There are two distinct sides to software development. Since software is a solution to someone’s problem -- a tool to help them in some way -- it lies in a specific business or ‘domain’. Its purpose is tied directly to helping automate, track and organize very specific information. But the software itself is constructed using parts like computers, networks, libraries, programming languages, etc. so it is composed of and limited by ‘technology’. Both the domain and the technology are necessary ingredients in being able to help users, rather than make their issues worse.

If a software development project goes wrong by mostly ignoring the domain issues we usually say that it was built in an ‘Ivory Tower’. It’s a nice metaphor to describe how the developers may have completed the technical side, but they were too far up and away from the domain problems. The software is useless because the creators didn’t bother to dig into the details.

But what about the opposite problem? What if the developers pay close attention to the domain, but fail entirely to properly handle the technical issues?

Since that is fundamentally the opposite of an Ivory Tower we can flip the terminology. An ‘Ebony Dungeon’ project then is one that delves deep into the heart of the domain, but so deeply that it ignores the technology side. We often see this in in-house projects where the business or domain experts exert too much influence over the process, techniques and construction of the software.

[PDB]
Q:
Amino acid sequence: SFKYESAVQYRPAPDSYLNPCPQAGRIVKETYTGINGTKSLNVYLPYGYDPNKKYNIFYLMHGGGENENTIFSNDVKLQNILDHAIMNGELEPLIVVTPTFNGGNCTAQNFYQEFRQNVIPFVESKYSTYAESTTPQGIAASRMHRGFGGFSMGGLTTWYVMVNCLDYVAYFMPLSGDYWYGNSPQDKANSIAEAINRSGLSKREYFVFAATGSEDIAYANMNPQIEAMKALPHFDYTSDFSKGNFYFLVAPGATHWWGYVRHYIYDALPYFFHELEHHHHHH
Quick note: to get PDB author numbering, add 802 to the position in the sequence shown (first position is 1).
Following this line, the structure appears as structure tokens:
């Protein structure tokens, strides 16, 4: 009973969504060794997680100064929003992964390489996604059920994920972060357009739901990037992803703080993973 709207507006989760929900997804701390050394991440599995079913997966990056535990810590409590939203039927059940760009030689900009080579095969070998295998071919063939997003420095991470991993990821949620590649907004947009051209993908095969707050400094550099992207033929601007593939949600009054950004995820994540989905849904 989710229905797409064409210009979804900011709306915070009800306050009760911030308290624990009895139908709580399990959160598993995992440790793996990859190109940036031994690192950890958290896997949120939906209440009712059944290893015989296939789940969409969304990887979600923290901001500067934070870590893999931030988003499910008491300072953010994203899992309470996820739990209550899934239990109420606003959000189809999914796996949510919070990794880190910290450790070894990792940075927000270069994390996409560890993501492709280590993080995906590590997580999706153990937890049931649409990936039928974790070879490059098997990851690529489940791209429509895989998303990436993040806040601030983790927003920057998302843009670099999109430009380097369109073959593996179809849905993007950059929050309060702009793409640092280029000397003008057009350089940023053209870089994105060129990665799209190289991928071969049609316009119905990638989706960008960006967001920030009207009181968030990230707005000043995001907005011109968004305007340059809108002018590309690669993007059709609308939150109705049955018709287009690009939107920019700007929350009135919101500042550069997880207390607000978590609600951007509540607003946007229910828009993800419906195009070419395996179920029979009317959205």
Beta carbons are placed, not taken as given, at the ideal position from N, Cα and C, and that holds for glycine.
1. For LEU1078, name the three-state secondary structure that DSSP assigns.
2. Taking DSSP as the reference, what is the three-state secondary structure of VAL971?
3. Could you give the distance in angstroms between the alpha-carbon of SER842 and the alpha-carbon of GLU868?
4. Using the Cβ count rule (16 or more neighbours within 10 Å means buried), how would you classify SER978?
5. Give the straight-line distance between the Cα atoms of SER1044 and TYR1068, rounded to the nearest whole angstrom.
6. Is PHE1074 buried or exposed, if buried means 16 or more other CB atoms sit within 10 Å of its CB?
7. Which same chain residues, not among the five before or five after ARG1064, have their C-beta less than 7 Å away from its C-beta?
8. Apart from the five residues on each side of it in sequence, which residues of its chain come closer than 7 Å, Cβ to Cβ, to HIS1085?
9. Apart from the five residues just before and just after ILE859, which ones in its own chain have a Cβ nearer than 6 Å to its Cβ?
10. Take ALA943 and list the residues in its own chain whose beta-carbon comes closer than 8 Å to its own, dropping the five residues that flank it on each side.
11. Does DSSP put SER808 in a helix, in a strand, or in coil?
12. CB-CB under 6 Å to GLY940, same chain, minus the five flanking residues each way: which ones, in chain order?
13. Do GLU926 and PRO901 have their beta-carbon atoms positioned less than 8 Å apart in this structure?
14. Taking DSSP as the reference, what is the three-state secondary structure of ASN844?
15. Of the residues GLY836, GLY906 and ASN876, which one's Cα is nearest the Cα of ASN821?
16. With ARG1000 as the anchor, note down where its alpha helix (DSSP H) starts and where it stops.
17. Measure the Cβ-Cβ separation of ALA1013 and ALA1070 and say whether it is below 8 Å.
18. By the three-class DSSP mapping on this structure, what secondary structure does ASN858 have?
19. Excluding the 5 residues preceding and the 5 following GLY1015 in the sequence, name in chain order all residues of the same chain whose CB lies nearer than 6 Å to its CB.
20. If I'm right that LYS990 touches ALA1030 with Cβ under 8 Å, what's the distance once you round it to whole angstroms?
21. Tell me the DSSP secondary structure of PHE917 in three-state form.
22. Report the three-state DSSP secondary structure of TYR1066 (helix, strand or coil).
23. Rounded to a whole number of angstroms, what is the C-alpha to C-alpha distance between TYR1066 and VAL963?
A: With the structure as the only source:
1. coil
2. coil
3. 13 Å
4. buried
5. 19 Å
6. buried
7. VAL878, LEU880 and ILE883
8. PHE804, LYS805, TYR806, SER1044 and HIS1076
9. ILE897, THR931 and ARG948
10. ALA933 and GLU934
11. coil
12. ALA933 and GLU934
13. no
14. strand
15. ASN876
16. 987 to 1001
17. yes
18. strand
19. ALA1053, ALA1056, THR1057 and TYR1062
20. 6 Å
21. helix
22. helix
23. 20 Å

Most domains have to tie themselves closely to some form of revenue stream. Those ties mean that they need to react quickly to changes. That sets up a culture of just focusing heavily on the immediate short-term, trying to be as malleable as possible. That works for business, but a large software development project is actually a very slow moving ‘ship’. It slowly goes from version to version, plodding along for years. While the business may need to wobble back and forth as its demands change, the only efficient path for development is to steer as straight a course as possible. There are a lot of moving parts in software and to get them all working properly they need to be organized; put into their proper places. A constantly shifting direction undoes any of this organization, which wastes time and causes severe problems.

A large system full of useful domain functionality isn’t actually very useful if it is technologically unstable. If it crashes frequently or is prone to serious bugs because of mass redundancies or if its performance is dismal, all of that existing functionality is unaccessible. A smaller more stable system would be far more effective at helping the users. The features available should work properly, be complete and be organized.

A very clear symptom that a project is trapped in an Ebony Dungeon is that most of the decisions keep getting punted back to the domain experts. “We’ll have to ask the business what they want”. If the project is balanced then at least 50% of the effort is related to the technical side. That includes using industrial strength components and algorithms, keeping the code base clean and insuring that the operations and installations side are built up to an automated level as well. Technical debt is unavoidable, but it needs to be controlled and managed with the same importance as any other aspect of the project.